Do you have enough ready-to-eat foods and water in your house in case of an emergency? People often call my office and ask about what foods to store and how much food they should have on hand. The answer depends on several factors:
How many people live in your house?
At a minimum you will want to have enough ready to eat food and water for each person in your house for 3-4 days. Don’t forget about the food and water needs of pets.
What emergencies are you most likely to encounter?
Fire, flood ,earth quake, snow storm, power outage, illness, job loss; each of these risks might require more or less stored food to get you through the emergency. For example, a snow storm or power outage might mean you need 3-4 days of ready-to-eat food to get you by until the roads are cleared or the power comes back on. If you have well water you might need power to pump the water to your sink, so have ½ to 1 gallon of water per person per day stored for this type of emergency.
If you lose gas or electricity, stored food should not need cooking before eating. Therefore foods like dry beans or rice would not be very helpful. In this case, canned beans, a manual canner opener and crackers would be much better.
A job loss might require a larger supply of food, until you can access unemployment benefits or a visit to a local food bank. In this situation and if you have a stovetop and utilities, dry beans and rice could come in very handy. If you need to flee your home due to a flood or fire, it would be advisable to have at least 24 hours of ready to eat food and water that can be quickly packed and thrown in the trunk of your vehicle. Consider hanging a to-go-bag on a hook near your food pantry, in case you need to load up and go!
How far are you from neighbors, stores or others that could assist you in an emergency?
People who live in remote areas should consider a larger supply of food and water than those living close to neighbors and stores.
How much storage space do you have?
Some people have large pantries or a room dedicated to food storage, while others have very little storage space. If space is limited, consider a shelf in a kitchen cabinet, or a hard plastic box with a well fitted lid stored at bottom of a closet or under a bed. Something is better than nothing.
What Does Your Family Like to Eat?
Have a plan to work most of your stored food into your meal plan within a year and replace it as you go. Shelf stable food can lose it nutritional value and may not be as flavorful over time.
How Much Can You Afford to Spend on Emergency Food Supplies?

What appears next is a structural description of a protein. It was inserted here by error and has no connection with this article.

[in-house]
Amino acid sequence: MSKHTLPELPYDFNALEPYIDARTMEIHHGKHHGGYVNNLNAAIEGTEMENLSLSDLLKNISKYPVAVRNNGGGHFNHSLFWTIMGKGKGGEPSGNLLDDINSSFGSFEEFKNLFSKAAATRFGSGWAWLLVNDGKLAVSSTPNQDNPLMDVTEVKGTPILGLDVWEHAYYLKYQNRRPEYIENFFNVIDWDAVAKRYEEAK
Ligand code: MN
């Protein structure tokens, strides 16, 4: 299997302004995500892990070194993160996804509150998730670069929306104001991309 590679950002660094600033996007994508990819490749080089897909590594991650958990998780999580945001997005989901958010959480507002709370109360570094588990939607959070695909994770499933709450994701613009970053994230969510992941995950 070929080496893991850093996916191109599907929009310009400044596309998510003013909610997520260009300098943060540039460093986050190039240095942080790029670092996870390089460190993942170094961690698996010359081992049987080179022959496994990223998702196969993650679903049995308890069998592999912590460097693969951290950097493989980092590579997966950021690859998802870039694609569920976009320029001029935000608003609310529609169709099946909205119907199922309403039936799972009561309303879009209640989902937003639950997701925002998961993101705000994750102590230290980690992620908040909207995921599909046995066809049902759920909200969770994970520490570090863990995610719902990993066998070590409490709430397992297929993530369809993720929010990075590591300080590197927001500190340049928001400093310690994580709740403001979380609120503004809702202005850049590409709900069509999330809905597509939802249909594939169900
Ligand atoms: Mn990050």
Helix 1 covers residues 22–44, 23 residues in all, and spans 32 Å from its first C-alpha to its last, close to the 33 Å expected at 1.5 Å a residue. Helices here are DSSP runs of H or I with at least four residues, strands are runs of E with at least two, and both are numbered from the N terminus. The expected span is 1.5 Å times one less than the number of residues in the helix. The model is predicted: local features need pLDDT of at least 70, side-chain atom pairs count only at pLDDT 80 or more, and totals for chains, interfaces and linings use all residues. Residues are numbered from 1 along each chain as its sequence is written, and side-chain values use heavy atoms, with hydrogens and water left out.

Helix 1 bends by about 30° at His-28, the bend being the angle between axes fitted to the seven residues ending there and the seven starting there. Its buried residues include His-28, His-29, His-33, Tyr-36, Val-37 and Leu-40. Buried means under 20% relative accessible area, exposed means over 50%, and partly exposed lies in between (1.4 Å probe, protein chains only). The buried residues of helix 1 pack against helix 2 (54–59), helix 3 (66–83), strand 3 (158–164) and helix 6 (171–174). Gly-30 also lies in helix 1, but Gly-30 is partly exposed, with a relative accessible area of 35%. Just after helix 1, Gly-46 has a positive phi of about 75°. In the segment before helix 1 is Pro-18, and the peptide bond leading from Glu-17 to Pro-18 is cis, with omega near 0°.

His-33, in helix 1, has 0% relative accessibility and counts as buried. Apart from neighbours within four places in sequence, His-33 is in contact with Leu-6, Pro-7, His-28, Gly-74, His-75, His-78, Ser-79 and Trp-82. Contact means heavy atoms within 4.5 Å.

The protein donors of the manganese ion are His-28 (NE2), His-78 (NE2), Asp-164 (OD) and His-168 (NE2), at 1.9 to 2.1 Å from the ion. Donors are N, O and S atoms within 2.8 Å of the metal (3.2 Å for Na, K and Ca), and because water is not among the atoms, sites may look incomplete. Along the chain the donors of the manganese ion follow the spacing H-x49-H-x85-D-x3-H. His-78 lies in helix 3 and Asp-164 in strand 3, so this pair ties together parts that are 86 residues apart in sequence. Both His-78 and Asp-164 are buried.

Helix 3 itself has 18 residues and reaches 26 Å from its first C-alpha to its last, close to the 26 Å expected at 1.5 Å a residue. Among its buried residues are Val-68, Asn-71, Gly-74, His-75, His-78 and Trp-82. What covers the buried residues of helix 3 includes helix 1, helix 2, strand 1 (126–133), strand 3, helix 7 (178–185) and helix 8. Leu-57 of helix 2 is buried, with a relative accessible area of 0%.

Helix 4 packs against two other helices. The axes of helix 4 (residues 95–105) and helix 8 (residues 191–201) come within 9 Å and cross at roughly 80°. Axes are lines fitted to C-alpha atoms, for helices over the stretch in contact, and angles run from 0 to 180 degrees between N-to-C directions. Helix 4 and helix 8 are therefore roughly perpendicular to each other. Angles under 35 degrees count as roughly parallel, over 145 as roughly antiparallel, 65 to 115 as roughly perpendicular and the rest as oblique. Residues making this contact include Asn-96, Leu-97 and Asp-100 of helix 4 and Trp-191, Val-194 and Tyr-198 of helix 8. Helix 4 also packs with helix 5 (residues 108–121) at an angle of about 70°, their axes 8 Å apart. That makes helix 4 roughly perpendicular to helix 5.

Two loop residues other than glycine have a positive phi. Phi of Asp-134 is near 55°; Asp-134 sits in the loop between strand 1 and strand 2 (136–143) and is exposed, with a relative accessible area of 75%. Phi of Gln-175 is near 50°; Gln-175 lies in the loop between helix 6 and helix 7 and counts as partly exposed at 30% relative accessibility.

Even if it is only a few dollars a week, you can start with purchasing one shelf stable and ready to eat food to put in your pantry each time you go shopping. For example, the next time you grocery shop buy an extra box of crackers, jar of peanut butter, can of beans, can of tuna or a jar of applesauce. But again, don’t buy foods you don’t like to eat, or it could be a waste of money in the long run. No need to buy pricey freeze dried camping food, when a box of ready to eat cereal, can of nuts or a pouch of raisins is a fraction of the cost.
Protect Shelf Stable Foods
Protect foods from temperature extremes and pests like insects and rodents. About a month ago my family discovered mice had gotten into our pantry. They had tasted and contaminated hundreds of dollars’ worth of packaged foods, such as a pouch of snack mix, an unopened bag of flour, boxes of crackers and cake mixes, even a carton of shelf stable tofu. Who knew mice like tofu? During the clean up we also found quite a few packages of foods at the back of a shelf that were way past their best if use by date. We had failed to put these foods into our menus. We are slowly replacing the damaged and outdated food and putting everything in food safe hard plastic containers or wide mouth glass jars.
Protect stored food from freezing temperatures. Wet foods expand when they freeze, often braking a jar or bulging a can. This damage can lead to food spoilage. Storing shelf stable foods at high temperatures can shorten their shelf life. While these food are still safe to eat, foods stored at temperatures above 70 degrees F can accelerate negative changes in the color, flavor, texture and nutritional value of foods overtime.
Develop a Plan
Make a plan and a budget to slowly build a stock pile of ready to eat foods and water. Make sure the foods you include are things you and your family like to eat. Work with family members to make a list of what foods to purchase. Include on the list some food safe and pest proof containers. You can repurpose food safe hard plastic, metal or glass containers, like quart sized canning jars or canisters with tight fitting lids.
Communicate to others the need for emergency foods and the importance of proper storage. Friends and family can help by saving food safe containers for you, or help you brainstorm solutions for your specific situation. If canned foods are cheaper by the case, see if someone wants to split a case with you. Employ a first in, first out rotation of food from your stockpile into your weekly menus.
Consider donating foods your family does not eat or you won’t use before “best use before date” to a local food bank.